One last question, do you need to pay state taxes on the conversion? Your roth contributions are post-state taxed (correct?) And your trad. ira are taxed according to the state you end up residing in?
(Or do I not understand this issue... heh)

I rounded. Yes. Apex, the differences are indeed minor. Thanks for illustrating that.

I made assumptions. That was in order to make an illustration.

The math is correct. Its the assumptions that you have issue with. You can create any scenario you like and change the assumptions and then argue that the other illustration is incorrect but that of course is flawed logic.

The bottom line is that you can convert an IRA and pay taxes now OR you can let your IRA grow and pay taxes later. So whether or not you should convert an IRA to a RothIRA depends on your individual tax situation. Whether its more beneficial to pay the taxes now or later will depend on the tax rates you pay now versus later.

If your current tax rate is relatively low right now and you expect it to go up, then it might make sense to convert now. If your current tax rate is currently relatively high and you expect it could go down then converting an IRA now doesn't make a ton of sense. If you expect your tax rates to be flat over time then its a wash. The big problem with this decision is that none of us truly has a clue abut what taxes will look like in the future, so its all based on a vague guess.

You are correct that you can use differnt illustrations. However the illustration the savvy and I spell out is the one I always see used. And its the scenario I used when I converted. The reason is because this is the optimal way of doing the conversion. Pulling funds out of the Traditional to pay the taxes is not optimal and if you factored in the early withdrawal penalty its far from optimal.

So I would argue that while your scenario is one you could possibly choose, its not valid to argue Roth conversions are a bad idea by putting up a sub-optimal example as your argument.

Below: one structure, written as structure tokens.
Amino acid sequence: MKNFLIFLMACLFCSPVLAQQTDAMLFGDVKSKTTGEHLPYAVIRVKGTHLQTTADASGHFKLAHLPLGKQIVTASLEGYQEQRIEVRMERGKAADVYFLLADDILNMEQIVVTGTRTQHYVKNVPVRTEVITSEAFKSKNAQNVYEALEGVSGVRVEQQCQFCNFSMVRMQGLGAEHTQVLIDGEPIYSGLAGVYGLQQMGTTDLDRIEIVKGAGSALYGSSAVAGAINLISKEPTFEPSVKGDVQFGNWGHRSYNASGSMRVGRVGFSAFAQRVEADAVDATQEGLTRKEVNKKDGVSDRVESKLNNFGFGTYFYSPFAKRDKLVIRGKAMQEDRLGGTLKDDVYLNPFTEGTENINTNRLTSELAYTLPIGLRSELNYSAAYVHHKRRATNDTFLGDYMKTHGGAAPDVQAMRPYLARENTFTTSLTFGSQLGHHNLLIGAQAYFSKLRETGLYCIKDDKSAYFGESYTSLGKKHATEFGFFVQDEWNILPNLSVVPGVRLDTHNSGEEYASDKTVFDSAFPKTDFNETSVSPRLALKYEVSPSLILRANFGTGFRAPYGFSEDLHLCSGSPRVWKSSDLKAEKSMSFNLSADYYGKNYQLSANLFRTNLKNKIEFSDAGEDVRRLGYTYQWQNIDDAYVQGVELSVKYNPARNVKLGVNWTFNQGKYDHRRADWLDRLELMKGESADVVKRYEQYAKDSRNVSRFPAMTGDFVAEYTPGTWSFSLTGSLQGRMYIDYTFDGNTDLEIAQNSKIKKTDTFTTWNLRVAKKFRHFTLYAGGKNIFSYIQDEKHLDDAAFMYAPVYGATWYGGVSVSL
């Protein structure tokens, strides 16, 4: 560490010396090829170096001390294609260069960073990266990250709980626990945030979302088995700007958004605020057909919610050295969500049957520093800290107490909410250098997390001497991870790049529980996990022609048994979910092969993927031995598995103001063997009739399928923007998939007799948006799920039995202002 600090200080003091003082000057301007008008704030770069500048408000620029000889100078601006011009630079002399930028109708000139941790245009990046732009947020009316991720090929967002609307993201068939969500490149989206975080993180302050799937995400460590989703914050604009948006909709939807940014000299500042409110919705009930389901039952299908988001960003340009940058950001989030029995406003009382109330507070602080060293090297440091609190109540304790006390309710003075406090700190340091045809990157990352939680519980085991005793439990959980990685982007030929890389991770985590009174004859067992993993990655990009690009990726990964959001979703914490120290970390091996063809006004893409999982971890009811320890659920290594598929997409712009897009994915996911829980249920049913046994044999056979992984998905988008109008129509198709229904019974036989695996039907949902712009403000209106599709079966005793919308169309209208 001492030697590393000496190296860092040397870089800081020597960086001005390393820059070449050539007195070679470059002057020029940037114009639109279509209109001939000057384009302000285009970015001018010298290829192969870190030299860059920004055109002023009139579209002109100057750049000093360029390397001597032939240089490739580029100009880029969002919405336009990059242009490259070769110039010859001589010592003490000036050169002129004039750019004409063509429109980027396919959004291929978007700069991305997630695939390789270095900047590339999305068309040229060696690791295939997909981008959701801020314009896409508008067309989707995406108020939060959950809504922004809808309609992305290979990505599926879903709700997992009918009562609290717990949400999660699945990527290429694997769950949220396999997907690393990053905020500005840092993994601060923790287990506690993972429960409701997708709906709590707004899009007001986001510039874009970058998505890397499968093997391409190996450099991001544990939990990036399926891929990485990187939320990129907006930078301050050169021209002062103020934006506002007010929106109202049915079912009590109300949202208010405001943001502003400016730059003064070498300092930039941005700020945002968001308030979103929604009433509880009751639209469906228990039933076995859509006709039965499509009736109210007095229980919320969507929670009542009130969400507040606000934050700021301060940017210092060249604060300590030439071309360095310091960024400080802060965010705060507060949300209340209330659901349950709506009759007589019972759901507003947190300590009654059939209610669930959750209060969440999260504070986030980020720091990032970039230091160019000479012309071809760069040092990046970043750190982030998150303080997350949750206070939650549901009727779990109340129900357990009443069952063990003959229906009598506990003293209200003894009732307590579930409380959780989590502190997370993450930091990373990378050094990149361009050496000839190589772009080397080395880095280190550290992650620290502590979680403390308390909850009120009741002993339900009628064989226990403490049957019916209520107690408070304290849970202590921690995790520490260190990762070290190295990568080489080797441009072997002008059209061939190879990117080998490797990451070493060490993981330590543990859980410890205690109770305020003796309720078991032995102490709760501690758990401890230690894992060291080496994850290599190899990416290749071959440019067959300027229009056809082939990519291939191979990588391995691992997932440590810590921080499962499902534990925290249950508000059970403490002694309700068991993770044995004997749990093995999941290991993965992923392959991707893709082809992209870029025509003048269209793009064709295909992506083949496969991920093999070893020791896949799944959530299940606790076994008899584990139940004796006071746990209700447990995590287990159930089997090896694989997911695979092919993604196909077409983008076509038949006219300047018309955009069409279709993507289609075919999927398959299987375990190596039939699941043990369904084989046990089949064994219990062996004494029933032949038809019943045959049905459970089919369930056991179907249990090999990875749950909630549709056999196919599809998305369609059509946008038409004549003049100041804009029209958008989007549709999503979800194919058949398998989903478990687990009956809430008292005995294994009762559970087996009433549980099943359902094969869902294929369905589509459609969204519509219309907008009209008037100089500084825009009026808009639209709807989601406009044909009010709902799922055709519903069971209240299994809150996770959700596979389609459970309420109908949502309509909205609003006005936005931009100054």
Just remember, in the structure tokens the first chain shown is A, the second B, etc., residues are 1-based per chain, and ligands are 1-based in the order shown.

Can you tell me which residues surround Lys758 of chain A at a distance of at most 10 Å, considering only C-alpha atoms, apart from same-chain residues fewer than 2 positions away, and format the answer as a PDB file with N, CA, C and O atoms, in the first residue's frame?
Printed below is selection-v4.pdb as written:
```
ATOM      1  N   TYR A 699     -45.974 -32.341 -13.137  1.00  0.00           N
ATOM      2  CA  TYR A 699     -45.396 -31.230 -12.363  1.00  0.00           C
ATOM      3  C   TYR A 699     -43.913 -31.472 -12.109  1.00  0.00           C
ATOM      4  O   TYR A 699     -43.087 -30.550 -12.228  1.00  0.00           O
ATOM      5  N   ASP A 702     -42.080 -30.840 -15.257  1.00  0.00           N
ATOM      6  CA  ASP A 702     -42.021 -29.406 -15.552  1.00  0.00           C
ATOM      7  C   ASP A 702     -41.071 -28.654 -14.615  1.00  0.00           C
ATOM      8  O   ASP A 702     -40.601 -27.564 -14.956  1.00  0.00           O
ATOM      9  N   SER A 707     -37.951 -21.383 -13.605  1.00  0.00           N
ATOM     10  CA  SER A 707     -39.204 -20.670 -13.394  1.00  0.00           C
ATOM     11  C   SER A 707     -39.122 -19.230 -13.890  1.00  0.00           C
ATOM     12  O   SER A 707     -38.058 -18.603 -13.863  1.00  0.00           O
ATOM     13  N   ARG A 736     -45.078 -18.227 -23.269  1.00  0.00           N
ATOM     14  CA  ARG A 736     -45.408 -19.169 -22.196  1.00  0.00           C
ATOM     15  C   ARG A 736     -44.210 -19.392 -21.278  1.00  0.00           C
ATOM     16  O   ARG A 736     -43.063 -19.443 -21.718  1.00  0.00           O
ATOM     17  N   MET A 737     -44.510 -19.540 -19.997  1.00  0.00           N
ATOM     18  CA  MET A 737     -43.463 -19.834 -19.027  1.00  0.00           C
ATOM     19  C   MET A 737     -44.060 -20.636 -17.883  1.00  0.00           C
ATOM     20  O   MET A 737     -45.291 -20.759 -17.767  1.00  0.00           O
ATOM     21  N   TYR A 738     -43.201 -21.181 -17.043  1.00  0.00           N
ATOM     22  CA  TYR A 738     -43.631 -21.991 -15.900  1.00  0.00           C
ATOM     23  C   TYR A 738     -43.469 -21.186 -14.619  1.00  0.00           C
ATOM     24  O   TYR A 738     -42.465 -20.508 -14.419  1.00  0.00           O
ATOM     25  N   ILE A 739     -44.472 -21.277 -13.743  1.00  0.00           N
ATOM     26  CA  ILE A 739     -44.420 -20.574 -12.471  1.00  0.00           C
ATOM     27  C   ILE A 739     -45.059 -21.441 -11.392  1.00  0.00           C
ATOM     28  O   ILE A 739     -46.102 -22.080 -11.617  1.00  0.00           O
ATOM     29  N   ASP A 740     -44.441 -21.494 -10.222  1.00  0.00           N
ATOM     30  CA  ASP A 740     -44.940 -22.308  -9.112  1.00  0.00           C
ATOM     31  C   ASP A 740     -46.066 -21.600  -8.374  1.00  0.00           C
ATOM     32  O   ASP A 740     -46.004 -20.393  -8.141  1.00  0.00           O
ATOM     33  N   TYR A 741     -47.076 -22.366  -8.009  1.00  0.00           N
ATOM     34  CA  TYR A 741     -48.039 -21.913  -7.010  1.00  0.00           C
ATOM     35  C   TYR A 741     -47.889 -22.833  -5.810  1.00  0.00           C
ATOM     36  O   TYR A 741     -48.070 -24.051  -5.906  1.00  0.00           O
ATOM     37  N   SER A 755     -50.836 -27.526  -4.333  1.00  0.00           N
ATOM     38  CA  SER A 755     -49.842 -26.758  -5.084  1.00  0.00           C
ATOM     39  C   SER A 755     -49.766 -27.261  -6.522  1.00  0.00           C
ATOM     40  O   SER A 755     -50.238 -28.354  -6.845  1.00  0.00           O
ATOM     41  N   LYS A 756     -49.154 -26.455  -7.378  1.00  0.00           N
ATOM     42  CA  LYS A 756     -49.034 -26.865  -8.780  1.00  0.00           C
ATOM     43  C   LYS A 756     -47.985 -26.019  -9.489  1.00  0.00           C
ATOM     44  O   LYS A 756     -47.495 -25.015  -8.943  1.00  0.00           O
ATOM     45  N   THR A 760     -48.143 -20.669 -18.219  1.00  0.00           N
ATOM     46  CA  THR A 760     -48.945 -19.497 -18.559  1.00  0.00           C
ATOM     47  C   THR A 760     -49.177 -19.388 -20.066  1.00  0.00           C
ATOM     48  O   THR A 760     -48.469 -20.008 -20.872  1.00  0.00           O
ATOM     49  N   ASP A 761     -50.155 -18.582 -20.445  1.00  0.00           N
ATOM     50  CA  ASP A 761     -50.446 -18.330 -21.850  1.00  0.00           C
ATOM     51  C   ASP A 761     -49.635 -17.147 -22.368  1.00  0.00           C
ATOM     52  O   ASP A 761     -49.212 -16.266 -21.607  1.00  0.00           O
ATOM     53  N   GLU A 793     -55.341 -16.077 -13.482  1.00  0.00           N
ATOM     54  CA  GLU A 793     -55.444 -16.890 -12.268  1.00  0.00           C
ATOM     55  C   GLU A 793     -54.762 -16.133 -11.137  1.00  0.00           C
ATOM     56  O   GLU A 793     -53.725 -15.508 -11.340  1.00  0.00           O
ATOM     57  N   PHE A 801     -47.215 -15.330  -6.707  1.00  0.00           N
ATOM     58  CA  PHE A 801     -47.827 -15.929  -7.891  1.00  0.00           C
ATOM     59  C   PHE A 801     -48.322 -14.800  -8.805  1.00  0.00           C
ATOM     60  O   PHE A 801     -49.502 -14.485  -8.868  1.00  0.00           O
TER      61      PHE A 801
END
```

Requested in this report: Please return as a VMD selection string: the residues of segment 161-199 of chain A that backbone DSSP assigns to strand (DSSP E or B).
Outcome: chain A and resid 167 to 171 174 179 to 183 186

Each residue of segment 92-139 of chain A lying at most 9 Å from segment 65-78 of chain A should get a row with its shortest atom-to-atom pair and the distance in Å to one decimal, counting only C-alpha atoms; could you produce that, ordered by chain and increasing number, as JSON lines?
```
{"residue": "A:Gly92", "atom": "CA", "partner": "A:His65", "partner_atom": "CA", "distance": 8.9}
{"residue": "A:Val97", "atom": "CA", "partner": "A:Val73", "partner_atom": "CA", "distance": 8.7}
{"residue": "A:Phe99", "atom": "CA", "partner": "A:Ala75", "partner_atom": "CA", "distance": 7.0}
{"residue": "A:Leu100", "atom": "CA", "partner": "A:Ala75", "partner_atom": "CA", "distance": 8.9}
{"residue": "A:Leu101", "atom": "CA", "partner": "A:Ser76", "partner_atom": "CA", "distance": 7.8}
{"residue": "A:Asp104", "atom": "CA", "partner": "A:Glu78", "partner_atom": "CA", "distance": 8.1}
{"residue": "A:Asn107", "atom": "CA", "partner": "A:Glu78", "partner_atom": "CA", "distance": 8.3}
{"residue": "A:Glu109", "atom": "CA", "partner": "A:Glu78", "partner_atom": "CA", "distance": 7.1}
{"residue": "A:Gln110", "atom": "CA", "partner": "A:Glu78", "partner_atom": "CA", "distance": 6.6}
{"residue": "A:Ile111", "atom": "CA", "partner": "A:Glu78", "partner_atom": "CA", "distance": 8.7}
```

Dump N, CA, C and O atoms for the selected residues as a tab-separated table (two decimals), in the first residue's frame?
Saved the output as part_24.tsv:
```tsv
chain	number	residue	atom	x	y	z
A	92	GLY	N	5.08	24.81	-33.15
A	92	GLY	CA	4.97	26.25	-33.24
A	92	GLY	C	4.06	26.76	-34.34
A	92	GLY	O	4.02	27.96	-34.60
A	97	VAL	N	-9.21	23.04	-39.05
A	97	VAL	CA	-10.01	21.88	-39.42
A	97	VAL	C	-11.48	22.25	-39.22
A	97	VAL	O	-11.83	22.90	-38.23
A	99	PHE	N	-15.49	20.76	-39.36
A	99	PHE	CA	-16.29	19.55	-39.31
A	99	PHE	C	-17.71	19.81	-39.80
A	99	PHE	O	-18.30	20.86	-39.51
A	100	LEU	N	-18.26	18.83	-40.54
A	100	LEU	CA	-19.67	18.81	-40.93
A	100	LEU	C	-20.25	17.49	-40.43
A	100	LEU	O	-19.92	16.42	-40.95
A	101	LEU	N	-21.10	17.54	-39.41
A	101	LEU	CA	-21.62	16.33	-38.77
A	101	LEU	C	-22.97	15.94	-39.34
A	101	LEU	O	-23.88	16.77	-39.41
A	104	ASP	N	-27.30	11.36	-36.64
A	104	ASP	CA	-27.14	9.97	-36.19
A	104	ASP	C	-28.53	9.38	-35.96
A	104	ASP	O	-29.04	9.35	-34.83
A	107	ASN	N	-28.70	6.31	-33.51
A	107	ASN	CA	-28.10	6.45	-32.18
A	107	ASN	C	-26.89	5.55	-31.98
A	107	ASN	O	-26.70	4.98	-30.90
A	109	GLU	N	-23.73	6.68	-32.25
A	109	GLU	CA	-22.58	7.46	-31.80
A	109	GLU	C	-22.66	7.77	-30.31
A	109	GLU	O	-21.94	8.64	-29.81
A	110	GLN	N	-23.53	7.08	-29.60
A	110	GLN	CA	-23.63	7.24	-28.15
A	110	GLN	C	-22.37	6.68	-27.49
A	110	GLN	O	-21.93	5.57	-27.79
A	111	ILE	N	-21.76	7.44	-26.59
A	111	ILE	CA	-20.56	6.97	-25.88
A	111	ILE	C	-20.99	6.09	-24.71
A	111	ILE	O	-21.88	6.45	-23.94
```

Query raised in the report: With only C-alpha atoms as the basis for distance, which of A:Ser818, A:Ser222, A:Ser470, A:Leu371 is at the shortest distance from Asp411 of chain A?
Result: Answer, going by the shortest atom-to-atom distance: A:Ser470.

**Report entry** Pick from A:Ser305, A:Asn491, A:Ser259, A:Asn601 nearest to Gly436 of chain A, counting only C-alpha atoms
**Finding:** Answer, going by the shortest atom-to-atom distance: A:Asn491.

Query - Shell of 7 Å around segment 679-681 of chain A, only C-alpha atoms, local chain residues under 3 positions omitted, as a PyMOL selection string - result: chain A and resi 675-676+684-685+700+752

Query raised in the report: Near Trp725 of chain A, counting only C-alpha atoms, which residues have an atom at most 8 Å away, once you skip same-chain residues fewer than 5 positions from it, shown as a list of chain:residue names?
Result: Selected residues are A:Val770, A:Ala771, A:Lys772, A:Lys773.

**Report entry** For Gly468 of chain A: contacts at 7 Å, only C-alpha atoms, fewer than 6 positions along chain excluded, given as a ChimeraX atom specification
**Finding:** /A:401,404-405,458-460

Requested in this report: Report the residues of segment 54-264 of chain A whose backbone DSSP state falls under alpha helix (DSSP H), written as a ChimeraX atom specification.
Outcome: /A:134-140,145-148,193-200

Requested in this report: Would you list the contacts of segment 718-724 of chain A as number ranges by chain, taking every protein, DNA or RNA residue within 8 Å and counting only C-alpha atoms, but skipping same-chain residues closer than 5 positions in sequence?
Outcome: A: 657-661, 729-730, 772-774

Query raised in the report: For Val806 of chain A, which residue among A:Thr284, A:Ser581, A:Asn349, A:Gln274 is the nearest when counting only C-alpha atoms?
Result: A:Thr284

Out of curiosity, why did you choose not to illustrate the optimal conversion method that keeps all of your IRA funds in the Roth and show how those numbers work out?


You are right. The scenario I illustrated is probably closer to the scenario in which money is used from the IRA to pay the tax - but post 59 1/2. I also agree with Jim that the decision is situation-dependent.

I was trying to really emphasize that the issue people should look at is 1. the income stream that the two choices create down the road 2. uncertainty with respect to potential law changes and believe it or not 3. my real-world experience that many people defer the tax for generations.

Most people simply look at the ended pot of money and that is a mistake in my opinion.

Your scenarios were closer to those in which folks pay tax outside the IRA.

I should have made that more clear. You and Savvy did me a favor and I'll be much clearer next time. I appreciate it. Thanks guys.

Yeah, we have been kind of getting hung up on this different math scenarios and I certainly agree that the issue of pay taxes now or pay taxes later is not a magic formula with the Roth that gets you way more money. Its mostly a wash as you and others have pointed out. It might result in slightly more money when you factor in the 30K that is growing outside the IRA that is used to pay taxes for the Roth but thats not huge either, so I agree that the rest of the issues are the key issues.

And given the uncertainty of tax law and various other things it seems prudent to have some in each. I plan to.

Apex. Thanks for hanging in there. You have great insights and I appreciate your attention to the details.